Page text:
So many of them had dreams -- dreams of a good life, of getting ahead at work,
making some money, serving as a good role model to their kids. So many loved
music. Many had the dream of becoming a rock star.
The fire consumed those dreams at the Station two weeks ago, the way it
devoured the building. As it did so, that hungry wave of flames seared the soul
of our local music scene.
And so, while Rhode Islanders observe quiet vigils, attend funeral services,
and endure hundreds of wound-opening media reports, we also mourn the premature
loss of these would-be rock stars and know in our hearts that had they the
chance, the limelight would have welcomed them.
Al DiBonaventura, 18, would have been a rock star. That's all he wanted. "I
just want to get to a point where I can play my guitar for a living," he told
me more than once, while we discussed his favorite subject: today's rock music.
As his parents wondered what their teenage son was doing night after night out
late or holed up for hours in his room, the lanky, soft-spoken kid was honing
his skills on the guitar, learning what it meant to be a songwriter, and
listening to the music he loved: Dream Theater, Steve Vai, '80s hair metal, and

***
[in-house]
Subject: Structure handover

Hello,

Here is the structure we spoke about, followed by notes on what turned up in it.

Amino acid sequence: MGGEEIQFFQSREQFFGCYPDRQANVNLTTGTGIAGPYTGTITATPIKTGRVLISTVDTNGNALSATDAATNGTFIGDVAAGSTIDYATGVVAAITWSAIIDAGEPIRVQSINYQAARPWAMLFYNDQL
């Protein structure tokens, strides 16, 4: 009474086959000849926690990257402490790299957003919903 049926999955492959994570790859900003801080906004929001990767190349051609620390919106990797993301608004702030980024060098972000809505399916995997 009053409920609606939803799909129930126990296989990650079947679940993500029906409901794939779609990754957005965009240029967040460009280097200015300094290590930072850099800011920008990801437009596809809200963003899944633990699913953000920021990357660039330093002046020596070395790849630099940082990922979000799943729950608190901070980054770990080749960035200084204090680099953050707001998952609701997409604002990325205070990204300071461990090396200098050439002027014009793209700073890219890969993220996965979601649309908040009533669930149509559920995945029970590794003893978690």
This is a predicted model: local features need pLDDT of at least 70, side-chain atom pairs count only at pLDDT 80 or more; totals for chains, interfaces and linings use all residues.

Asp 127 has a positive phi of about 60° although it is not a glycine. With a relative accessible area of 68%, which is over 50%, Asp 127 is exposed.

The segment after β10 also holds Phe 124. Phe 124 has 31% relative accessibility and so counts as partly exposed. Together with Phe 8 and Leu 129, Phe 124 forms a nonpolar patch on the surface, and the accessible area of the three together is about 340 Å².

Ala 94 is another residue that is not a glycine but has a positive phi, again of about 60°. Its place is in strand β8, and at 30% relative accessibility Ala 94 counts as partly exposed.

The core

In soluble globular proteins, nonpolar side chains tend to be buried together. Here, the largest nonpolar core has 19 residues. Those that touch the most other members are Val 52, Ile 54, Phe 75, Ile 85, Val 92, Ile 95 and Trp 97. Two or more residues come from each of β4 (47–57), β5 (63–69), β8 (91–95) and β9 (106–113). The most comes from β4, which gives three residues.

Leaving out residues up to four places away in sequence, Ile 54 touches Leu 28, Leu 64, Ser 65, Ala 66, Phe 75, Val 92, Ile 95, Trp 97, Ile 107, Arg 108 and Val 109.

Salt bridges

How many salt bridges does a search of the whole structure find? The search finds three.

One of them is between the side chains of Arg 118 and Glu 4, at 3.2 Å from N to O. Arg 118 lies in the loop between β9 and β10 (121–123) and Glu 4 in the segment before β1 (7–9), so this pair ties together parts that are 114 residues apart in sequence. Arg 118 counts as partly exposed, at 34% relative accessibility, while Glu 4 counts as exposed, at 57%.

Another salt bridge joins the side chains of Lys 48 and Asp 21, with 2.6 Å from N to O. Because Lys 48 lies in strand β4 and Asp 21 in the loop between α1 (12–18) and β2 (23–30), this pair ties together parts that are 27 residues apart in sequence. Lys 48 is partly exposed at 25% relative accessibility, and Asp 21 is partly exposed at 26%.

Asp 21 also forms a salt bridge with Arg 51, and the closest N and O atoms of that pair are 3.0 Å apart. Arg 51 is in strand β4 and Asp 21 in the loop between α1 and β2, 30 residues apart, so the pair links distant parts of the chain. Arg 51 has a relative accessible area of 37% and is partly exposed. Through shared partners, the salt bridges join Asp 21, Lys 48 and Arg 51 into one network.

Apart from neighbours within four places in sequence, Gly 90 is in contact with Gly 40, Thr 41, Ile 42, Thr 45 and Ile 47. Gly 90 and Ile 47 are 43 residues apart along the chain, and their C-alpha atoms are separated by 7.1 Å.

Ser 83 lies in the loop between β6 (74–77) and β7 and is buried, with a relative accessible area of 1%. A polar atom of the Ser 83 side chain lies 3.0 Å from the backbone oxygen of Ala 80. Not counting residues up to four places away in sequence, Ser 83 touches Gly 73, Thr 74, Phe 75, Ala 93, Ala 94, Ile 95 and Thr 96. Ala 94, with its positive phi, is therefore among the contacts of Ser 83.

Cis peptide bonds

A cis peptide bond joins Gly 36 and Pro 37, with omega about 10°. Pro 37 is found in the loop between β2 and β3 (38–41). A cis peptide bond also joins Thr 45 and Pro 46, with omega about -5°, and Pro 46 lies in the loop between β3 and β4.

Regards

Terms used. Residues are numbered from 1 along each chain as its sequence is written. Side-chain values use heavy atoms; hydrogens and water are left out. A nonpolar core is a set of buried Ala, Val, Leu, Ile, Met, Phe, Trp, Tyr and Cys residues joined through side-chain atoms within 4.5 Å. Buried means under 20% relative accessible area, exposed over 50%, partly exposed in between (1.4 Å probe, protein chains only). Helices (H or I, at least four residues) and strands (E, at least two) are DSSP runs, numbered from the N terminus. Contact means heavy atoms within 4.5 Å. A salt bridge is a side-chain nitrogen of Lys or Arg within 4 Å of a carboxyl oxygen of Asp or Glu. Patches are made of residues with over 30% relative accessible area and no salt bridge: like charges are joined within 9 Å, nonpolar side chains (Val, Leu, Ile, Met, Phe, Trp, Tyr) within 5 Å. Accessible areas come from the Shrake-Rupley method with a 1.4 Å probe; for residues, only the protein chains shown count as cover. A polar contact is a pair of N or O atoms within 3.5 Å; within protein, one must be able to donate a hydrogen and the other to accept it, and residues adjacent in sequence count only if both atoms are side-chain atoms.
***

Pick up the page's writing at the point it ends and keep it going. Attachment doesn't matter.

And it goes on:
whatever else he could get his hands on.
More than anything, Al loved great guitar players, some of the shredders, and
he worked hard to emulate them. Behind closed doors, surrounded by posters, his
guitar collection, and his CDs, he practiced his moves. No one knew for sure
because he kept his aptitude to himself, but it's now clear that he was gifted
from an early age. Dedicated to the instrument, he was also unsure of himself.
He was shy, hesitant to smile, a little awkward. But that was Al's charm. In
his mind, he knew where he wanted to go. But the uncertainty held him back. How
the hell does a kid from North Dighton, Massachusetts get himself to the Big
As he matured, Al grew more confident, and he became more focused. The road to
stardom began to appear before him. He fooled around with a few bands, the most
promising of which was his most recent outfit, 18 Stars, which had played a few
gigs in and around the area. And Al had finally gone into the studio, to make a
record, something he had been dreaming about since picking up the guitar. "He
wanted to be a rock star," his brother Patrick Ring said.
Yeah, he did.
"I still can't believe he's gone," his dad, Albert, said to me, in a line that
must have been echoed throughout the state a million times these last two
weeks. "I can't believe it."
Nick O'Neill was with Al that night. O'Neill, also 18, had, with his own band